Google offers a range of approved partner options for interconnecting. You can connect to one of those service providers that is already connected directly to Google. This basically gives you a man-in-the-middle connection to the Google environment. The interconnect link also implements a virtual attachment circuit atop the physical line so you can maintain that all-important private address. All of the traffic that is intended to move through your Google VPC will ride over the link.
On the other hand, if you prefer to use your own POP connection that’s already in place, then you can use the direct interconnect path instead. This dedicated path gives you a private circuit that immediately connects you to Google, with no service providers or middle men to think about.
If you already have an environment within a Google Point of Presence, or you’re comfortable with the idea of installing the routing equipment required. With the dedicated service, you can install a link to Google choosing your required GBPS pipeline. You’ll also be able to provision your virtual attachment circuit over a physical link. Running static routing or BGP solutions over your link will allow you to connect to your VPC while maintaining essential private address service.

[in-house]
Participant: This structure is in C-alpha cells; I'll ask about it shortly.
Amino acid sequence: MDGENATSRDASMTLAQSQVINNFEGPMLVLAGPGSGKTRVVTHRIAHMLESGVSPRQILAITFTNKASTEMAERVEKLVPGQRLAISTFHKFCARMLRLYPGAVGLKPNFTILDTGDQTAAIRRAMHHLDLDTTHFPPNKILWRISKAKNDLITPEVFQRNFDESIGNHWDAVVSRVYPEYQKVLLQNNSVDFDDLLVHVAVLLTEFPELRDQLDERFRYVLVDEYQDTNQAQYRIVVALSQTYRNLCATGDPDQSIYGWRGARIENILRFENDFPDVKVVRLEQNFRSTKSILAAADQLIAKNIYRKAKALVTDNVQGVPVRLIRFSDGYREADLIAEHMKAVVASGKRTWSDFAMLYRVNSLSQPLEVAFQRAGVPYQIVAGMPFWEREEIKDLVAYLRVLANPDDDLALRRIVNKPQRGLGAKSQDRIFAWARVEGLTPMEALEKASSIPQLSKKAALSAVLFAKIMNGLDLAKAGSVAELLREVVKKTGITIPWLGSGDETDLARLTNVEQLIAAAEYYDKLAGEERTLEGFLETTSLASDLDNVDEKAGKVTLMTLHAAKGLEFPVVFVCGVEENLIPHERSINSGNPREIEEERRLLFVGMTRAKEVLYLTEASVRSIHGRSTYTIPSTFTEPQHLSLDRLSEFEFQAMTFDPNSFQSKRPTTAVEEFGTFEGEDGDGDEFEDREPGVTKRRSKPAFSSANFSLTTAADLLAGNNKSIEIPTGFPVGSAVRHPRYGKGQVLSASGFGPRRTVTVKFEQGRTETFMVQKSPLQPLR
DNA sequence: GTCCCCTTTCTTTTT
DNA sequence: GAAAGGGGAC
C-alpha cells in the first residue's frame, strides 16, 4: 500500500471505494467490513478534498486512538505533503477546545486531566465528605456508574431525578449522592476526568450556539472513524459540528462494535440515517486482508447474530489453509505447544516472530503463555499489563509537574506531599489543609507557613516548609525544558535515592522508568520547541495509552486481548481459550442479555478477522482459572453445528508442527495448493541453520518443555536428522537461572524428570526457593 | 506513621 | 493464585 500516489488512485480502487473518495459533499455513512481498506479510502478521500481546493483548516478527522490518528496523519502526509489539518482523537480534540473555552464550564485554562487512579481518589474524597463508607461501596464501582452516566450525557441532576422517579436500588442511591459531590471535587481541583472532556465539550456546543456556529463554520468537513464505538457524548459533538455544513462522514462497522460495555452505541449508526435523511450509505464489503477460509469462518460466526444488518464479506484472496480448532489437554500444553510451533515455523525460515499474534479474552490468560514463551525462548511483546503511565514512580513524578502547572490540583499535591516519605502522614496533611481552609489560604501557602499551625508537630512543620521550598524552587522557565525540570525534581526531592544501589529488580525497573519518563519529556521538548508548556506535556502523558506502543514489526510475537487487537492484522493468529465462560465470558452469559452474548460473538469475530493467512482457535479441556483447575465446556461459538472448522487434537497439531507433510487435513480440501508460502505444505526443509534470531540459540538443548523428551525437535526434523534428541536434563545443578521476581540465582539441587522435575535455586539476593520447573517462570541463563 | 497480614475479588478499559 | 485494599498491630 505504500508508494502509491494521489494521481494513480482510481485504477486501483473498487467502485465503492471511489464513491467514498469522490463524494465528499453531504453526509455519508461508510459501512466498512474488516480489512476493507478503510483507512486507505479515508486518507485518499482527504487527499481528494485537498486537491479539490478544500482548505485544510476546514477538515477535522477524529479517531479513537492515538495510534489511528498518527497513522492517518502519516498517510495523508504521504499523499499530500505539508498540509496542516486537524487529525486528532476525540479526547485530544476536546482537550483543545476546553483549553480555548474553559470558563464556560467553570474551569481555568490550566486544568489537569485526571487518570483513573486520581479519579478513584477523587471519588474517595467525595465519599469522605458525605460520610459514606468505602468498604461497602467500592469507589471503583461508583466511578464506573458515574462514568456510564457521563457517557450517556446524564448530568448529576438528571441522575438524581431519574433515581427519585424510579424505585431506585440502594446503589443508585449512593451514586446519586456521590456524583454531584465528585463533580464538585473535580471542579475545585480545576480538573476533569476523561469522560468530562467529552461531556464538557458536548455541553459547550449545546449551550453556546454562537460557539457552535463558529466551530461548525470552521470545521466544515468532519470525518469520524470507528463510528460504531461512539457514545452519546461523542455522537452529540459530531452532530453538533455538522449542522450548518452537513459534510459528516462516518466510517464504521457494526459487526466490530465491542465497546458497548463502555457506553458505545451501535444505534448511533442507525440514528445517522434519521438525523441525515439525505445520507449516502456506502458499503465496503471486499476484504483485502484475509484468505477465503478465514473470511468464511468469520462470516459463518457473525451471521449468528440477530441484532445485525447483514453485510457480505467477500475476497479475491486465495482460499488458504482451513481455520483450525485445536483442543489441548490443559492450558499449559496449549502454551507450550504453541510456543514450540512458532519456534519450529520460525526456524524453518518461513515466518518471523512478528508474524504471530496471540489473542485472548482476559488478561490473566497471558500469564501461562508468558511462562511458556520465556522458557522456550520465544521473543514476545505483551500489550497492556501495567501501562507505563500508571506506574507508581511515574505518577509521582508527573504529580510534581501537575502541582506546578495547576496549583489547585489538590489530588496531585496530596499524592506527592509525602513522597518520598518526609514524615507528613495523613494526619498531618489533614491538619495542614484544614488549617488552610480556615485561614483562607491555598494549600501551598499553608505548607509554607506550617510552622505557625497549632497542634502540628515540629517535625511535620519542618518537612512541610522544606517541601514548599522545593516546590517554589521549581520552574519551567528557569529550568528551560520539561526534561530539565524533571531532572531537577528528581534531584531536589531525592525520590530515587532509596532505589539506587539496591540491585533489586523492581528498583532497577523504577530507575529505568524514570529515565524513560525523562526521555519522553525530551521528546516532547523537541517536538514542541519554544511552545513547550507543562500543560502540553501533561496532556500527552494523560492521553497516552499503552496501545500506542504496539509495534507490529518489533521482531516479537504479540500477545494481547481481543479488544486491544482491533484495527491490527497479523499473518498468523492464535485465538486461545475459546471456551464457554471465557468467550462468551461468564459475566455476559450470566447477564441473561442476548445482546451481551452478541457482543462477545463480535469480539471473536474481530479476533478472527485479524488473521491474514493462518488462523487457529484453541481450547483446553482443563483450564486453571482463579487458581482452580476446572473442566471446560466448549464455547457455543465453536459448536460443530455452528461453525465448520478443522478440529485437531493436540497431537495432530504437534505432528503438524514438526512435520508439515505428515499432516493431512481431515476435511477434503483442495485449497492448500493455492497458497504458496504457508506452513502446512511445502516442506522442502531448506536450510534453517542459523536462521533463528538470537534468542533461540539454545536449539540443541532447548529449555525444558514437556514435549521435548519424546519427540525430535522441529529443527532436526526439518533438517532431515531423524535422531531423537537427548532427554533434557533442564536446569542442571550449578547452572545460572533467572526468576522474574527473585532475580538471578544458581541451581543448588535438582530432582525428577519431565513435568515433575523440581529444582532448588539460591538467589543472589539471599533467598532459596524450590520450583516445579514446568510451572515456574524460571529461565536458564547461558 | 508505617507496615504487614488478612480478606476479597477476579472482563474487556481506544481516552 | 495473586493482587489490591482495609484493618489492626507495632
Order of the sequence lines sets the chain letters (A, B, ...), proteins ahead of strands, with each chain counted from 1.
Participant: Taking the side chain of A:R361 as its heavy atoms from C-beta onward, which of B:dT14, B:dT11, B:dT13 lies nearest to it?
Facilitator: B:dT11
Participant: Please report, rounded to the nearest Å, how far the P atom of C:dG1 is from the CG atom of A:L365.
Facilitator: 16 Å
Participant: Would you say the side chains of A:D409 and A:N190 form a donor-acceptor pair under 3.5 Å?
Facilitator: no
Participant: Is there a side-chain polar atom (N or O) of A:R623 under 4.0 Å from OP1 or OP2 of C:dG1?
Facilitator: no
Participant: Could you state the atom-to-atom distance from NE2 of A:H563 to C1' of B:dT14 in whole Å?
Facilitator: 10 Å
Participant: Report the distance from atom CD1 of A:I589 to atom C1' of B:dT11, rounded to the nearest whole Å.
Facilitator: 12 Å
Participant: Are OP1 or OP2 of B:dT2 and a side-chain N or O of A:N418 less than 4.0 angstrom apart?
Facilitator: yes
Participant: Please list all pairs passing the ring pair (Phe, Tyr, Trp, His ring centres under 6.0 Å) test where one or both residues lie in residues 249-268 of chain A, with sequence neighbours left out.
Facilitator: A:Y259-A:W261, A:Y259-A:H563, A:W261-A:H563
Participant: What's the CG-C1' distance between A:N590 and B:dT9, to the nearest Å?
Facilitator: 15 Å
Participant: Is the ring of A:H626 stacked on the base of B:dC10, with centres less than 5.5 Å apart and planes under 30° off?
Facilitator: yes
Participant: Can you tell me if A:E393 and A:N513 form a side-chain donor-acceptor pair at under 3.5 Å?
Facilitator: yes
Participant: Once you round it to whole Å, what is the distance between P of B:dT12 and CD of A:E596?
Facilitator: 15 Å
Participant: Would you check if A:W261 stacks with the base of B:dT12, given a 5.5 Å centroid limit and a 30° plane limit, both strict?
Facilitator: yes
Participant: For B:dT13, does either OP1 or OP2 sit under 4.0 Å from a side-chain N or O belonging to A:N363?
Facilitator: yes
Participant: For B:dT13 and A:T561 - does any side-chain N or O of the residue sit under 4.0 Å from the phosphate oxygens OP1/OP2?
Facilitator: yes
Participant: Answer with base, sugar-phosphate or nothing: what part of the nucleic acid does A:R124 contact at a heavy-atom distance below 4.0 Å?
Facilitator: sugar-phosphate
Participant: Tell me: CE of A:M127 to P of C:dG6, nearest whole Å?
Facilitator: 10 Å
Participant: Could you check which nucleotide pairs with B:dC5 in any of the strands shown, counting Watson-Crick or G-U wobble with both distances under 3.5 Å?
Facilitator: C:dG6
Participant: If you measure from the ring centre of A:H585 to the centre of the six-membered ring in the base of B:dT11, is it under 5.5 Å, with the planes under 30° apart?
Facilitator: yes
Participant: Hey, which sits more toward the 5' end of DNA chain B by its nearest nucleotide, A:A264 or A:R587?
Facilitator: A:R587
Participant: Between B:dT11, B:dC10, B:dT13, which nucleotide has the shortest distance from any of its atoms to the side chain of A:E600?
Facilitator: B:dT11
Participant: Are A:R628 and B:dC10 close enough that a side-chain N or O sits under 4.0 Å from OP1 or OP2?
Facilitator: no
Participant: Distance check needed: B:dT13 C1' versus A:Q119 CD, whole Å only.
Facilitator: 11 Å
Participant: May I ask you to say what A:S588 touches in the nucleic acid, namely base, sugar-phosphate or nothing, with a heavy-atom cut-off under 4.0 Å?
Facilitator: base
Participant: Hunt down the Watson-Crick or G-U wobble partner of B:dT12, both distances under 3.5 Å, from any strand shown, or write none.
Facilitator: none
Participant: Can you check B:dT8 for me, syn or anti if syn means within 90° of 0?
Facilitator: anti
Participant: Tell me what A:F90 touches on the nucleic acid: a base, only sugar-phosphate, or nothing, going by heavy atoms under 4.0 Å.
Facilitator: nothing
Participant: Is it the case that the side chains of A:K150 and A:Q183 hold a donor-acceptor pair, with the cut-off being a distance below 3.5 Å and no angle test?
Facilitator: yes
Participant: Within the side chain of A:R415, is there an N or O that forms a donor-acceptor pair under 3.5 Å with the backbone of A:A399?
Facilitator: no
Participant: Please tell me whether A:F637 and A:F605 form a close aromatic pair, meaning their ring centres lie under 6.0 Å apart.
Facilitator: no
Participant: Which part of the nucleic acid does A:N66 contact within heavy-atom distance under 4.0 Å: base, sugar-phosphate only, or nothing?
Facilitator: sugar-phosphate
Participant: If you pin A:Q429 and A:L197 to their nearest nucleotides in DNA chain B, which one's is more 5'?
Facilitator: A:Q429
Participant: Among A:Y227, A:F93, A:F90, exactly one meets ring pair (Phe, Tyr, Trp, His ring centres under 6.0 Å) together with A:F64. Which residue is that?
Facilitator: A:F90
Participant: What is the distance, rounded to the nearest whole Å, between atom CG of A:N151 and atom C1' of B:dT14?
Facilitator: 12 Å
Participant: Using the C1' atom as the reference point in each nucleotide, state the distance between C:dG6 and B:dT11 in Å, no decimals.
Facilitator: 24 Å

Choosing the Right Connectivity Options
Clearly, there are quite a few different network building options available for businesses that want to get involved with the Google Cloud. If you’re having trouble figuring out which option is right for you, then we’d probably recommend checking out this graph created by the Google team. It helps you to see which private and public solutions are available based on requirements you have for:
- Support (customer service)
- Security and protection
- SLA (uptime guarantees)
- Packet loss
- Bandwidth performance
- Private connectivity
As the cloud continues to grow into a more fully-featured and appealing option for businesses of all shapes and sizes, market leaders like Google are committed to making cloud opportunities as flexible as possible. This means offering everything from hybrid paths to the cloud, to multi-cloud connectivity, and even a multitude of network options.
If you’re having trouble choosing the networking solution that’s right for you, and reading up on the Google guidance doesn’t help, why not reach out to a specialist? The team here at Apps Admins could help you to track down the ideal route into your Google cloud future.